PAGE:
The only time Stretch is ever mentioned by Tupac again is on the song ‘Against All Odds’ from Makaveli when he says “and that nigga that was down for me, rest his head, switched sides, guess his new friends wanted him dead”.
Randy “Stretch” Walker, VIBE Magazine, 1995
Me and Pac have been down from day one. Before he did Juice, before his first album. That’s my man. So the interview he did in VIBE bugged me out. But I know him. He likes to talk a lot. Especially when he’s upset, he’ll say shit that he won’t even mean. And then he’ll think about it later and be, like, “Damn, why the fuck did I say that?” … In that interview, Pac was talking all that shit about Thug Life is ignorance and telling niggas’ names and all that shit.
I don’t even understand why he went there. I’ve seen Pac mad times after the shooting and he never kicked none of that shit to me. You know how he feels about the media, so why would he go and do an interview like that? He’s supposed to be a street nigga; he should’ve kept it in the street. I mean, niggas had to go and get their names changed. I want him to get a reality check. Recognize what the fuck he’s doing. Niggas on the street live by rules, man. And that rule right there, that’s a rule that’s never to be broken.
2Pac interview ”Source” Magazine, March 1996
And what about you and Stretch from Live Squad?
Stretch was my closest dog, my closest homie. I did alot of drama, I got into alot of cases and shyt because of Stretch. Money wise, he couldve had anything. His daughter was my daughter, whatever she wanted she could have. Then this shyt happened and the nikka didnt ride for me. He didnt do what your dog is supposed to do when you shot up. When I was in jail, nikka never wrote me, never got at me. His homeboys was coming to see me nad he wasnt coming to see me. And he started hangin around Biggie right after this. Im in jail, shot up, his main dog and he hangin out going to shows with Biggie. Both these nikkas never came to see me.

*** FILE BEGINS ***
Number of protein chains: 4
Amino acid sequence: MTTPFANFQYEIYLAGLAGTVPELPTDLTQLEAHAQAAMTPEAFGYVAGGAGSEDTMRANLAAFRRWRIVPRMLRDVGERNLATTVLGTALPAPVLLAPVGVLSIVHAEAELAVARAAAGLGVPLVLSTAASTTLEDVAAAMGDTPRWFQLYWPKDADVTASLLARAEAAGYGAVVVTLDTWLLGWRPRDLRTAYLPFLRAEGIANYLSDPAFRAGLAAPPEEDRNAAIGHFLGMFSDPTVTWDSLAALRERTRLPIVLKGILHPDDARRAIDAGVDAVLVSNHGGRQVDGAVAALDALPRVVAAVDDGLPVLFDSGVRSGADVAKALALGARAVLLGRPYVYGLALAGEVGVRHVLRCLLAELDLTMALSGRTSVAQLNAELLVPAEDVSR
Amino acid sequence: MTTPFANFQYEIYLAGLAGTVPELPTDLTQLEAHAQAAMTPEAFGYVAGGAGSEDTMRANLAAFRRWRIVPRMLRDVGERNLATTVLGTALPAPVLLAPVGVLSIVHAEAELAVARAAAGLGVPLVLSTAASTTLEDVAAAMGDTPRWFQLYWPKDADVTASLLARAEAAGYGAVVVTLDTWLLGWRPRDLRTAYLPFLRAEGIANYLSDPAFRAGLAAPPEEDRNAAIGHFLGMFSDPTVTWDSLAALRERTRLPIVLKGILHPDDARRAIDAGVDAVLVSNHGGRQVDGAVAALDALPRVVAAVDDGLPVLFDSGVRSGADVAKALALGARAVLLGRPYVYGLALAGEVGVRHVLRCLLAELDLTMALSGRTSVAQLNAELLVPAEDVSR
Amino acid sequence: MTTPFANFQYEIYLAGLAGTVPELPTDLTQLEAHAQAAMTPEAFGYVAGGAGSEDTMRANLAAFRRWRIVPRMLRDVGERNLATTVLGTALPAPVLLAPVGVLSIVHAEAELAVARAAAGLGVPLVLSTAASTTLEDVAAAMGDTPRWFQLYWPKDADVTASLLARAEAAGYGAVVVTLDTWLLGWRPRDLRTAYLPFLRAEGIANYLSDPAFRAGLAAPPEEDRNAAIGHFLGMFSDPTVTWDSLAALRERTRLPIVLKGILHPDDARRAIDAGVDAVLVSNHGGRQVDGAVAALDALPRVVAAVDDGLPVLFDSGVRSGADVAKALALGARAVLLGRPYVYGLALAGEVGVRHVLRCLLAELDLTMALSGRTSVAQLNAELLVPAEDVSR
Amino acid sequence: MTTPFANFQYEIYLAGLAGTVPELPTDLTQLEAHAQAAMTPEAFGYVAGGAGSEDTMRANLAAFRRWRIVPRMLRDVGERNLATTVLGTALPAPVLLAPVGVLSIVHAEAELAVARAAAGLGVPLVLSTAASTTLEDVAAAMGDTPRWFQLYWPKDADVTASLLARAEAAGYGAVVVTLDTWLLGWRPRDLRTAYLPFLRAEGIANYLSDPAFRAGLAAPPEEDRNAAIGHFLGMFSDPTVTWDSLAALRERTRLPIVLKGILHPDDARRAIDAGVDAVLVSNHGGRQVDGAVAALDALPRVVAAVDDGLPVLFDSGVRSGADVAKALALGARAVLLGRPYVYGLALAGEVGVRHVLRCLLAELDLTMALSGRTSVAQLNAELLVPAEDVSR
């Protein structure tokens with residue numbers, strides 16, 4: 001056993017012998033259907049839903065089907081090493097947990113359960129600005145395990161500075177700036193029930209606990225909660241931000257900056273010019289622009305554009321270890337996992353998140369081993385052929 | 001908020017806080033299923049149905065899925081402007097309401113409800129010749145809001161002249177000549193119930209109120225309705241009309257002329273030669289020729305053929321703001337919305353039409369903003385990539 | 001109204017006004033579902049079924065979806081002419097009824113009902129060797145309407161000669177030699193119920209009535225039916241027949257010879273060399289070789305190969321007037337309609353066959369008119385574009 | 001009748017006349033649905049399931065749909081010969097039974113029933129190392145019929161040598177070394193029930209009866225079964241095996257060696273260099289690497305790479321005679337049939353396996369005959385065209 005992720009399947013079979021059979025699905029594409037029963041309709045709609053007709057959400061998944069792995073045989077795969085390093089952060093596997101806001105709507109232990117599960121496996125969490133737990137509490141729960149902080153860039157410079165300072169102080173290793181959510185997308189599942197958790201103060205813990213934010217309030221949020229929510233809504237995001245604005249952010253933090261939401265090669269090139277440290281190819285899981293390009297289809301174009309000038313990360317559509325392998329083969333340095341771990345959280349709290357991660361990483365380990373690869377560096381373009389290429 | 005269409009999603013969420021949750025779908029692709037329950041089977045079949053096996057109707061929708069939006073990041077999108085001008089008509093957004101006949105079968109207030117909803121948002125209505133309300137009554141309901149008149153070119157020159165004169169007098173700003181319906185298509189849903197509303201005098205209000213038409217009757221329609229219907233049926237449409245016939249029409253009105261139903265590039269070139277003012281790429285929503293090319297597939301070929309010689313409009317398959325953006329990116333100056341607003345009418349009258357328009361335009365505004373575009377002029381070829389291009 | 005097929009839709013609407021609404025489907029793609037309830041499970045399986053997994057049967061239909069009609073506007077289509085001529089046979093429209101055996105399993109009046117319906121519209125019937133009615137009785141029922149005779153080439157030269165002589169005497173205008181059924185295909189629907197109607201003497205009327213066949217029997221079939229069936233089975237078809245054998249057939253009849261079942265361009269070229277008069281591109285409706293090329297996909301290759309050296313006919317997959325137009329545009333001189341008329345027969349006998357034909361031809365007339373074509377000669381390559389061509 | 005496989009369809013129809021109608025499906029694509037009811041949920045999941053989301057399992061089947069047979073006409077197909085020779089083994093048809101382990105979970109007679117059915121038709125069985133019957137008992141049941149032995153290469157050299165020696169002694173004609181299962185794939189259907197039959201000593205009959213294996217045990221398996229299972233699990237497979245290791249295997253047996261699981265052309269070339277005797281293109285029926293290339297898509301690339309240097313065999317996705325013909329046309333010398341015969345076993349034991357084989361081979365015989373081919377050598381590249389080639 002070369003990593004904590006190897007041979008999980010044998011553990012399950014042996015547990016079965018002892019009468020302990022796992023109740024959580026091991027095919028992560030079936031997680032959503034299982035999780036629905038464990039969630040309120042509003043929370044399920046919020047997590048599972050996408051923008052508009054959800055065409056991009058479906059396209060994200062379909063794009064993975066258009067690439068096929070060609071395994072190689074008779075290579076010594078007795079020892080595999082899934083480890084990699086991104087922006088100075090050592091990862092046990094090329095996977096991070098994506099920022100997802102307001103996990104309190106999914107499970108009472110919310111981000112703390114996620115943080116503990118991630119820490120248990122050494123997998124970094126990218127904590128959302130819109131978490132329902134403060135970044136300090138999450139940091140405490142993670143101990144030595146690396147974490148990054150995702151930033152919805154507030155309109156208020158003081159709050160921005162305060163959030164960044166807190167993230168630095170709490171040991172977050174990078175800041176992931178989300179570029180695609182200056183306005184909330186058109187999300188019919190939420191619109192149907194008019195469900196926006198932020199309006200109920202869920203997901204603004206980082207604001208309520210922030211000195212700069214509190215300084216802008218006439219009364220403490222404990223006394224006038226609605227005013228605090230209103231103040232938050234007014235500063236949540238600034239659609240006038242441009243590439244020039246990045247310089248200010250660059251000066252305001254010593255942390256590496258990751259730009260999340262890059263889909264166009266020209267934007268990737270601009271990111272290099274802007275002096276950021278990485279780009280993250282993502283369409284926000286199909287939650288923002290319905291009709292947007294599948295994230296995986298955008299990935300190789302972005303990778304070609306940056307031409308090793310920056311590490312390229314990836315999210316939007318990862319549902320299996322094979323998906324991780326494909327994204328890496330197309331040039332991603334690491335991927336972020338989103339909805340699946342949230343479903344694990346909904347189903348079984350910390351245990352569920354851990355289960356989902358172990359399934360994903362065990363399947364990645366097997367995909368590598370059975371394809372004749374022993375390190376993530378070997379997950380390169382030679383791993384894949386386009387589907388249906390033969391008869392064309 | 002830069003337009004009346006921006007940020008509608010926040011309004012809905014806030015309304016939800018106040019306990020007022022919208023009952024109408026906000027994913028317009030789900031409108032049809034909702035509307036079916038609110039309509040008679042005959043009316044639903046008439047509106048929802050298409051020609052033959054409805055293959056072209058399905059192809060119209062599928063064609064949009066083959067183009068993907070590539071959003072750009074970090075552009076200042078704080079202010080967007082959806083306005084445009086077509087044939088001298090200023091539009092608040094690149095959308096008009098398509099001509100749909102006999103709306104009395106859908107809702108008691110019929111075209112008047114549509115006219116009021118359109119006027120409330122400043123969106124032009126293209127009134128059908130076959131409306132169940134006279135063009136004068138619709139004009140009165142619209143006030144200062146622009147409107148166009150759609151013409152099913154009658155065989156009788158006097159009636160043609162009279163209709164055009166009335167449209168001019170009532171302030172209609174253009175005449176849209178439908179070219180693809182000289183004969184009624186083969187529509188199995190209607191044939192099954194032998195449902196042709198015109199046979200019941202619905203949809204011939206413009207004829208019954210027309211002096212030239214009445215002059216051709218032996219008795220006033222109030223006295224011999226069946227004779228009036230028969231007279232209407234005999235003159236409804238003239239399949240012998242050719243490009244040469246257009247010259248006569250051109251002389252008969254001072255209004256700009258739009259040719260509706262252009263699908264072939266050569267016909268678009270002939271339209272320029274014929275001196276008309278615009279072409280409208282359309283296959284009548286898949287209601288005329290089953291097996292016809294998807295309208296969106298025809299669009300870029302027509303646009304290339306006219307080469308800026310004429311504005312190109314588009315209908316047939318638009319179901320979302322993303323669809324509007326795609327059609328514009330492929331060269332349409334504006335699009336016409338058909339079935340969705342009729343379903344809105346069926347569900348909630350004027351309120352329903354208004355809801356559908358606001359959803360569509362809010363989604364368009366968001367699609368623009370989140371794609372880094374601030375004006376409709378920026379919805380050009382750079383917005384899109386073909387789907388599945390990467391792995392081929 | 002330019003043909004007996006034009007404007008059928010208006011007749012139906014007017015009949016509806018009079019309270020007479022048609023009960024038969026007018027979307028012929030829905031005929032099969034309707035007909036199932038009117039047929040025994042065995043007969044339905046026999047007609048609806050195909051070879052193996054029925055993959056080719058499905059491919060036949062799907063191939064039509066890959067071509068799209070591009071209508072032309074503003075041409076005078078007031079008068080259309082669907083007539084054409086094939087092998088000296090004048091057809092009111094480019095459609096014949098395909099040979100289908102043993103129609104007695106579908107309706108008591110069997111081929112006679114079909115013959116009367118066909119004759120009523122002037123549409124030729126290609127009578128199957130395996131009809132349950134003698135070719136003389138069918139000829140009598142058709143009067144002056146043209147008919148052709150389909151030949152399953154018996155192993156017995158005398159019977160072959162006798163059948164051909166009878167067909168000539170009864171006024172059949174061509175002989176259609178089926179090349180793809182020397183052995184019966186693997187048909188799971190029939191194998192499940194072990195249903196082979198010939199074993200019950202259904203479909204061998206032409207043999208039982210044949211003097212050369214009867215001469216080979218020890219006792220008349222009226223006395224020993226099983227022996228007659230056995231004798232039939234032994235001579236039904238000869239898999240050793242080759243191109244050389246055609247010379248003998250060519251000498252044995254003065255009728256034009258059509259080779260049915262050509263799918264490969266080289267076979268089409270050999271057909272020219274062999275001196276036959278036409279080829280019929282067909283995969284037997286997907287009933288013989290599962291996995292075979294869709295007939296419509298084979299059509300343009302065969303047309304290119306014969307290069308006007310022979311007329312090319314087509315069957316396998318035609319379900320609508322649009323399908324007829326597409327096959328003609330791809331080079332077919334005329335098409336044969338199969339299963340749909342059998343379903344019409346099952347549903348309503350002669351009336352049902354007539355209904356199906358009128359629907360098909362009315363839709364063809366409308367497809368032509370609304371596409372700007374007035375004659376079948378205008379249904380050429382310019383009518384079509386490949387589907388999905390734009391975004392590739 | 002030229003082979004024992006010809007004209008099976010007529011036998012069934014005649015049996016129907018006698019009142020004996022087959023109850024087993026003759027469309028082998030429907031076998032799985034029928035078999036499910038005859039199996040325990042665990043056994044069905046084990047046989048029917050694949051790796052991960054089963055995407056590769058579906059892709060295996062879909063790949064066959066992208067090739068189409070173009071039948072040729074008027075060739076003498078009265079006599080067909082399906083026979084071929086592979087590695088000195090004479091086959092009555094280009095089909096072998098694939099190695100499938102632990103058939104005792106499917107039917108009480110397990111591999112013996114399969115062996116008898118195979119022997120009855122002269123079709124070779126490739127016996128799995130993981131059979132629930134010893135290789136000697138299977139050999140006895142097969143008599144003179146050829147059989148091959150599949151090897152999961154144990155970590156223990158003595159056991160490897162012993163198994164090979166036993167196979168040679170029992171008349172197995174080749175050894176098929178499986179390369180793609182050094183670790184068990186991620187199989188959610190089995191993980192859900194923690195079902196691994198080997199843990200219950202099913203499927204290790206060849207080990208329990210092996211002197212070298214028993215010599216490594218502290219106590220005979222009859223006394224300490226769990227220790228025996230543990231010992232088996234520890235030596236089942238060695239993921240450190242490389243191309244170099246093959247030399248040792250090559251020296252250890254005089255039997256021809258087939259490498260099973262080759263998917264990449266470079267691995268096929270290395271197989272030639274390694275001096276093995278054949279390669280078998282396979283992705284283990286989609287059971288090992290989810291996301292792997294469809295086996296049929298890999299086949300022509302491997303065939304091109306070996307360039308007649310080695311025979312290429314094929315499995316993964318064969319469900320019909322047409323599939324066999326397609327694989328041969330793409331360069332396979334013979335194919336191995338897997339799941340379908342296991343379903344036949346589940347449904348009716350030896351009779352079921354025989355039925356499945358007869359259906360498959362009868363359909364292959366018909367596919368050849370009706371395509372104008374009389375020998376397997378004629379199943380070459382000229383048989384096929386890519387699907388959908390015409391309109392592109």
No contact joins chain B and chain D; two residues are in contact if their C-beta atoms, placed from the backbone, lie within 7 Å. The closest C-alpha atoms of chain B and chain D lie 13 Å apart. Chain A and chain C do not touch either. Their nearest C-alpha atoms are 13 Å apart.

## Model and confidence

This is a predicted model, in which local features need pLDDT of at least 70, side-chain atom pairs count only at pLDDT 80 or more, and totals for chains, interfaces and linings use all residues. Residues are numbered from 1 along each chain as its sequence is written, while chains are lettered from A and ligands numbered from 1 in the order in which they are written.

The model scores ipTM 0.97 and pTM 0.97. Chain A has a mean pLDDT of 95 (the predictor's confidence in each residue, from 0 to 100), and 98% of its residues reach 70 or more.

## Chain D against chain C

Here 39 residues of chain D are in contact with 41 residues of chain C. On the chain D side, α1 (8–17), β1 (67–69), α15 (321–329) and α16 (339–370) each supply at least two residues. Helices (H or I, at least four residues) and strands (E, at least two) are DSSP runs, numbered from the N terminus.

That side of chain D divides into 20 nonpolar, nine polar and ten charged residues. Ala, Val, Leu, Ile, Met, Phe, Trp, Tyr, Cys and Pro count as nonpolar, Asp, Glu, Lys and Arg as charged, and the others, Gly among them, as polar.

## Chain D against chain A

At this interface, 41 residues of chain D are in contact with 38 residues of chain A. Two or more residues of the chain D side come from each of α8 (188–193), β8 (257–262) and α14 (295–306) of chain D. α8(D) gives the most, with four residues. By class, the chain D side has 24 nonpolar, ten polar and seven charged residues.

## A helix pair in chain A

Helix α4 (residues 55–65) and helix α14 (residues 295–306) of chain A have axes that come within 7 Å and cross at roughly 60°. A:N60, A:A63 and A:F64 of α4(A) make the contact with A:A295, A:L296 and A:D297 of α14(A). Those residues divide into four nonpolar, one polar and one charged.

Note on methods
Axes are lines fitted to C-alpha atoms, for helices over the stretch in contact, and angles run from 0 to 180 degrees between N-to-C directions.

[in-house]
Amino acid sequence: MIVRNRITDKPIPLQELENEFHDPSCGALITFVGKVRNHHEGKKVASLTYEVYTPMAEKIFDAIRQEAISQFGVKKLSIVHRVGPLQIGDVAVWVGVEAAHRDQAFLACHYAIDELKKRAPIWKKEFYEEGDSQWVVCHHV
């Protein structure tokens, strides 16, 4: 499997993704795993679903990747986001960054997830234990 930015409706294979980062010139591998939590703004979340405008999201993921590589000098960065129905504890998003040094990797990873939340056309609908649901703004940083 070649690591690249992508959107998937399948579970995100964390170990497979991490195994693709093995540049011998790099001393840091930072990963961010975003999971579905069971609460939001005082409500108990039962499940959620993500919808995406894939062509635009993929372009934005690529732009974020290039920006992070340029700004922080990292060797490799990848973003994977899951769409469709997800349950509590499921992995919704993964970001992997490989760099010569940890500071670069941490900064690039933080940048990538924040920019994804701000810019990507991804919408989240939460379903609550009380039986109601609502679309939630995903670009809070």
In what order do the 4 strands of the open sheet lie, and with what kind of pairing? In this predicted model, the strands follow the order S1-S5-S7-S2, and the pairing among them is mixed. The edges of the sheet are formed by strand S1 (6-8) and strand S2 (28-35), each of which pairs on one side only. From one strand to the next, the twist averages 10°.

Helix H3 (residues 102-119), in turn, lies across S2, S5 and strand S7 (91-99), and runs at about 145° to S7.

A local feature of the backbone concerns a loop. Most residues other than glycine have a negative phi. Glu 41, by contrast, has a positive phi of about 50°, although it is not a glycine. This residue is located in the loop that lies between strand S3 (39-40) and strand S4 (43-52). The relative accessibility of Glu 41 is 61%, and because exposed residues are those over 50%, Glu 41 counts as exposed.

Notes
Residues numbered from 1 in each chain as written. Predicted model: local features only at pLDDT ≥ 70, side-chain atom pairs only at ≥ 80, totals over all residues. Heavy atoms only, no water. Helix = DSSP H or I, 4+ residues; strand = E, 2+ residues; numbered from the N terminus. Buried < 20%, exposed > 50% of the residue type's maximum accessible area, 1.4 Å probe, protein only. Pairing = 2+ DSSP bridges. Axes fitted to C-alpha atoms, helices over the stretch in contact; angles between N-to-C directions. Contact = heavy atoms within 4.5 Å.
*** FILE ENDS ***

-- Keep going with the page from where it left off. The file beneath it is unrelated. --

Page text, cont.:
And before he passed, you never got a chance to talk to him?
Aint no words. The rules of the game are so self-explanatory.
After all that went down, people are trying to say its some sort of hit connection…
Nah, Know what happend? Rules of the game, what comes around goes around. I never had no violent thoughts towards Stretch at all. I just didnt want to **** with him no more, but I didnt want to kill him. He was my dog. Once you my dog, you my dog. He got shot just like I got shot. Everybody believed it was just a random ****in robbery (when I got shot), this nikka get killed, now random shyt dont happen. There are two methods of fighting, the one by law, the other by force: the first method is that of men, the second of beasts; but as the first method is often insufficient, one must have recourse to the second.
NAS talk about Stretch’s death
Stretch was really hurt by 2Pac. I would hear him talking about how ‘Pac was so mad at him because Stretch was with 2Pac when he got set up and robbed in the lobby of Quad Studios in Manhattan, in Nov. 1994. ‘Pac was mad at everyone after that. I felt bad for Stretch because he really had a lot of love for ‘Pac and couldn’t believe that ‘Pac thought he had something to do with it.
Stretch dropped me off at home, then went home and was killed [in Dec. 1995, in Queens]. That was a real great guy. He produced “Take It in Blood” and “Silent Murder”—the irony. It was just a messed up moment for me. It was the last work he did.
Thug In Peace, Stretch! One Love!
Part of the article is taken from: nytimes.com